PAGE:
On May 14, 2018, the Supreme Court chose to revive American Federalism
when a seven-member majority of the Court held the Professional and Amateur
Sports Protection Act of 1992 (PASPA) to be unconstitutional. The case,
Murphy v. NCAA, et al., resulted in a ruling that struck down the provision of PASPA that prohibited
the states from authorizing sports gambling, which ultimately drove the
Court to declare the entire Act unconstitutional.
The Supreme Court’s holding last Monday affirmed the principle that
Congress does not have the power to order states to pass or refrain from
passing laws. Congress cannot commandeer states’ legislative authority,
a principle known as the “anti-commandeering” rule interpreted
from the Tenth Amendment to the U.S. Constitution. The Court found the
provision of PASPA that prevented states from repealing their own prohibitions
on gambling—a private activity— was by definition an act of
commandeering. The decision in
Murphy clarifies that not only does the anti-commandeering rule serve as a means
to defend against Congress compelling states to enact legislation, but
it also serves as a shield against Congress imposing prohibitions on the
states preventing them from enacting new laws.
Murphy had a number of marijuana law reform scholars as amici (impartial, voluntary
advisors) in the case, and the reason is because the holding in
Murphy directly impacts marijuana legalization.
For starters, this case clarifies that the federal government can neither
force the states to enforce federal marijuana policy, nor can they prohibit
the states from implementing or revising their own marijuana policies.
Further, if a state is constitutionally at liberty to repeal their state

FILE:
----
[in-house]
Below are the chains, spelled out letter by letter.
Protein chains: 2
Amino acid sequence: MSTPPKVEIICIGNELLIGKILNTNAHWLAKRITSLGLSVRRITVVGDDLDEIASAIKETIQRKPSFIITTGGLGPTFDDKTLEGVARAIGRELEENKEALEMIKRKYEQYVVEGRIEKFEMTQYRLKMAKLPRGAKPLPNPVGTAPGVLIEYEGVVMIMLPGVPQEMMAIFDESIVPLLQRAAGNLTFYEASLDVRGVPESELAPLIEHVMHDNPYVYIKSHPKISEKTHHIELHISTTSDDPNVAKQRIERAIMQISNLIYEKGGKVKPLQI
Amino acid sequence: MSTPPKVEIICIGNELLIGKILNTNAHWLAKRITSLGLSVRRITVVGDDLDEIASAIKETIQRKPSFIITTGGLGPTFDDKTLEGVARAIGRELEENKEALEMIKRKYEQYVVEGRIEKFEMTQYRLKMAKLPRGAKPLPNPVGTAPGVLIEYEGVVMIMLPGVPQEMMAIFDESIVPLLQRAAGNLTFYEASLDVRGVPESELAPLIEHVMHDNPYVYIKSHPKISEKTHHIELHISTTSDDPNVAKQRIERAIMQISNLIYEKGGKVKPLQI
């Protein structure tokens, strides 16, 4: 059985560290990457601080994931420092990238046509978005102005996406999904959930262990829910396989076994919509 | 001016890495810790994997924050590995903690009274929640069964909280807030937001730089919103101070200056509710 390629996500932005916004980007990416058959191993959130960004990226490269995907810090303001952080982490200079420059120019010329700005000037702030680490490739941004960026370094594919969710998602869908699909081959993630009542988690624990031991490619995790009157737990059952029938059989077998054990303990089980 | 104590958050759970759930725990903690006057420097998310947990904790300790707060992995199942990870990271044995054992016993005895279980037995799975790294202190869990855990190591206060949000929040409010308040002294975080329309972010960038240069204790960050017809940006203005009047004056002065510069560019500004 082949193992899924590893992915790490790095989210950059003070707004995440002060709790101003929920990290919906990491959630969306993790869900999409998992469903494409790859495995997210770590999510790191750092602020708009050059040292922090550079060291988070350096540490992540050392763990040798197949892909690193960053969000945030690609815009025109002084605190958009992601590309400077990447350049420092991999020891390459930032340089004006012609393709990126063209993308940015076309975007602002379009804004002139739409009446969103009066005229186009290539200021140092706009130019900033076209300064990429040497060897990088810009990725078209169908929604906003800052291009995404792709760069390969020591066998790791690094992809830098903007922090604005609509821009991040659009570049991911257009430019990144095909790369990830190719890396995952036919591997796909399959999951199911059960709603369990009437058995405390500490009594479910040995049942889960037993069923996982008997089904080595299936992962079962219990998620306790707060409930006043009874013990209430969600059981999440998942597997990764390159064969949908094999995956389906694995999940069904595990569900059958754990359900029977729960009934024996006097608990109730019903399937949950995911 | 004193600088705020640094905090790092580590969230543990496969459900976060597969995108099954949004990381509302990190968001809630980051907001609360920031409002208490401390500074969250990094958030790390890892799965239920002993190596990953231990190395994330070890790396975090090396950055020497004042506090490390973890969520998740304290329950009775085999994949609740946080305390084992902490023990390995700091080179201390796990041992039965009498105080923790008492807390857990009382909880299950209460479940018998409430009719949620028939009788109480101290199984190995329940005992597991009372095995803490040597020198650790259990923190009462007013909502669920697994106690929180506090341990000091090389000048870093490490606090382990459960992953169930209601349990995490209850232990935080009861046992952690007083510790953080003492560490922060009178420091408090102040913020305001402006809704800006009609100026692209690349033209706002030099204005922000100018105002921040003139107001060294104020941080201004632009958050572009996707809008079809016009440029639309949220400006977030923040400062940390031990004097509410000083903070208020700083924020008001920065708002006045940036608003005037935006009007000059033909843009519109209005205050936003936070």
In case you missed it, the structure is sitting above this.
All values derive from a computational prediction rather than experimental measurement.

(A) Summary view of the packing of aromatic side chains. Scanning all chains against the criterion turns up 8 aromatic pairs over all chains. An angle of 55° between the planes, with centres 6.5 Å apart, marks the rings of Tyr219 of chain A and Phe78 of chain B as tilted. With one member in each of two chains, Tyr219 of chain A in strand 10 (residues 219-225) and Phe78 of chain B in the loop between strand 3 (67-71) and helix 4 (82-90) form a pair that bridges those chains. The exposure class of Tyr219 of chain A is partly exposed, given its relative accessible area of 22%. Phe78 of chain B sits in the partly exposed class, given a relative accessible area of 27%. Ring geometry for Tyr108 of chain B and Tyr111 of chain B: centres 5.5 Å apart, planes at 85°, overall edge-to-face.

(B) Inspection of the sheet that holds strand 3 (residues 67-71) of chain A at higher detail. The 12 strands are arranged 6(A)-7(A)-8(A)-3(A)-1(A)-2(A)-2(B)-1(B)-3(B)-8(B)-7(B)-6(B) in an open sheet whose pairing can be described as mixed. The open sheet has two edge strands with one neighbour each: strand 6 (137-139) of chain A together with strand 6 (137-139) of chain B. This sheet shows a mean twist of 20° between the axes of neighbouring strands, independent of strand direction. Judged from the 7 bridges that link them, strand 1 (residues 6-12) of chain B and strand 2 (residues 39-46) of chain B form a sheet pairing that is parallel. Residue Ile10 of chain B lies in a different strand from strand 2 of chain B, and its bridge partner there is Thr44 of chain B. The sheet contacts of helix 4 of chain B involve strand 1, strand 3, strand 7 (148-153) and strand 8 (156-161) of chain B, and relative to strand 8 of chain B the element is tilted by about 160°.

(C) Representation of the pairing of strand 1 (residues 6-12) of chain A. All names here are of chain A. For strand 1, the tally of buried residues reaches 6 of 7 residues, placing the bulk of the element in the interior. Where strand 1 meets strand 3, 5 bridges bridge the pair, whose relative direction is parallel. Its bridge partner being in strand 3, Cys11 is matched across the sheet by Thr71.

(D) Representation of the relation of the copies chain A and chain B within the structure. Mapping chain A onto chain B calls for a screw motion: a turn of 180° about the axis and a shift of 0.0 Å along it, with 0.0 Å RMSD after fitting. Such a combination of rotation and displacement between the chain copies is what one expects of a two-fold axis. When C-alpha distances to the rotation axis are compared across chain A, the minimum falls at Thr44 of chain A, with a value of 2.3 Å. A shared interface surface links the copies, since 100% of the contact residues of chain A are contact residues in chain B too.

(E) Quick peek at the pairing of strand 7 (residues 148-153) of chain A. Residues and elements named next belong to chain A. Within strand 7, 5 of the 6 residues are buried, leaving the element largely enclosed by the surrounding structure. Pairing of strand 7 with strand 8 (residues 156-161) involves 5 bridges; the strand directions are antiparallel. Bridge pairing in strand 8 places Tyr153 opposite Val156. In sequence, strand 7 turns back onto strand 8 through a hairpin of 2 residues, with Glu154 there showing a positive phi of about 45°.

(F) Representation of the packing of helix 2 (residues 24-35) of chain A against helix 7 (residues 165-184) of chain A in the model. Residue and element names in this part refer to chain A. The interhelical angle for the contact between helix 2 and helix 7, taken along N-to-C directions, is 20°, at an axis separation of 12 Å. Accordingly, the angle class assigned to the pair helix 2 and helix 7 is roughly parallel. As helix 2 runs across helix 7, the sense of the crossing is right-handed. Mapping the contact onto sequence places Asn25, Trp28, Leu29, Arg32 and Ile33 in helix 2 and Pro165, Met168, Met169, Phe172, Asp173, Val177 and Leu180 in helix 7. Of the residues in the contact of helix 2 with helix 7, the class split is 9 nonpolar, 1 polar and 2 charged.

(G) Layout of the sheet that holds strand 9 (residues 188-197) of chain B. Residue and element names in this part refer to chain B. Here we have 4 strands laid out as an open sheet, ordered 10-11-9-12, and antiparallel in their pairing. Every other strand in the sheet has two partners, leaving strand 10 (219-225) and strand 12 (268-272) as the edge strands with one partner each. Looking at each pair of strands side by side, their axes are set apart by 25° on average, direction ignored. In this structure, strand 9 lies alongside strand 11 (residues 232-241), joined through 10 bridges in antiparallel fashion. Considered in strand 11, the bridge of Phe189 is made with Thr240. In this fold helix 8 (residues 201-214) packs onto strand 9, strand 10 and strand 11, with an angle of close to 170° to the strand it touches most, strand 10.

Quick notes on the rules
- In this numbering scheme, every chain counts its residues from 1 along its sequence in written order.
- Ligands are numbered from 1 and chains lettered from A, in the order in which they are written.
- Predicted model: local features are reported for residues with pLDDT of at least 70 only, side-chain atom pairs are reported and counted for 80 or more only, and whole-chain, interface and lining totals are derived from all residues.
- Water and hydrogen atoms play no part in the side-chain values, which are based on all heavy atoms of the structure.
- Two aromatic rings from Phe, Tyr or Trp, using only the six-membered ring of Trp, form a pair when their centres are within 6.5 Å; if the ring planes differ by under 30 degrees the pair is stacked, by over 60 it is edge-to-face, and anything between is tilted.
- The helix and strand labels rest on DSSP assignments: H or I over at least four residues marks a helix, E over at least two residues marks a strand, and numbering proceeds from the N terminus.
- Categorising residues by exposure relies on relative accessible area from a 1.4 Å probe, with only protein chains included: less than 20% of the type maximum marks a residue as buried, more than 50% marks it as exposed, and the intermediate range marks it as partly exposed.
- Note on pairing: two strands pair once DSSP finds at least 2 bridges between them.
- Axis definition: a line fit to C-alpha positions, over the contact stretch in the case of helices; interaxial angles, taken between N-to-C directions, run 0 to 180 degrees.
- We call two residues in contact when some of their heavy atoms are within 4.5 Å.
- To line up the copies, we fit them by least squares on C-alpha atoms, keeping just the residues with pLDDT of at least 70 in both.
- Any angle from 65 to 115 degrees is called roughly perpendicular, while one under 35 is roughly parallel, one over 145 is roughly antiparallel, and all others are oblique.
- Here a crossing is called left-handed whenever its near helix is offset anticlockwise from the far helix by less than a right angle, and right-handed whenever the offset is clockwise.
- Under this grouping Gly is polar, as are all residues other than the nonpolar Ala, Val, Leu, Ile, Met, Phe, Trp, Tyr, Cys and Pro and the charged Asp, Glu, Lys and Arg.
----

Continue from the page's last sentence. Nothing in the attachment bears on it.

laws banning sports gambling, then they are entitled to repeal their own
state bans on possession, manufacture, and distribution of marijuana.
Murphy provides the precedent the states with active regulatory schemes regarding
marijuana have been in need of to survive preemption challenges regarding
both the authorization of marijuana use, as well as licensing laws. The
Court found no constitutional basis in drawing a distinction between “licensing”
and “authorizing” an activity. The Court noted that “Just
like authorization, licensure merely provides the state’s permission
to engage in activity”.
However, Justice Alito’s opinion recognizes the implications of other
areas of the Constitution, noting “if the license imposes additional
restrictions that interfere with activity—such as requiring a retail
licensee to collect sales taxes—those additional restrictions likely
would be subject to preemption, even if the underlying license is not.”
In effect, it appears the Court is prepared to recognize state power to
license private marijuana industry operators, but the Court is not prepared
to interpret that power as an unlimited authority for the states to regulate
their licensing scheme however they please.
It is important to recognize the federal government is not without power.
Murphy holds that state-law repeals are not pre-emptible. What this does not mean
is that the federal government may not prohibit marijuana. The federal
government can, and likely will, continue to enforce their own laws in
states with drug policies that are in direct conflict with federal policy.
The federal government just cannot prescribe what shall be orthodox in
marijuana policy. In sum, the feds cannot tell the states what the law
of that state shall be; however, that is not to say they cannot enforce
the federal law wherever they please, whenever they have the resources to do so.
At Feldmann Nagel Margulis, our team consists of law professors, former
federal and state prosecutors, law enforcement officials, and judges.
Utilizing our diversely-experienced staff, we consider and understand
the conflict between federal and state law from various perspectives.
Attorney Charles Feldmann—former DEA Task Force Commander himself—understands
government policy and utilizes his background to help his clients in the
marijuana industry achieve and maintain strict compliance with state and
federal regulations. If you have any questions about the implications
of the holding in
Murphy, are in need of a consultant for your marijuana business, or have concerns
regarding federal and state marijuana policy, reach out to our team today.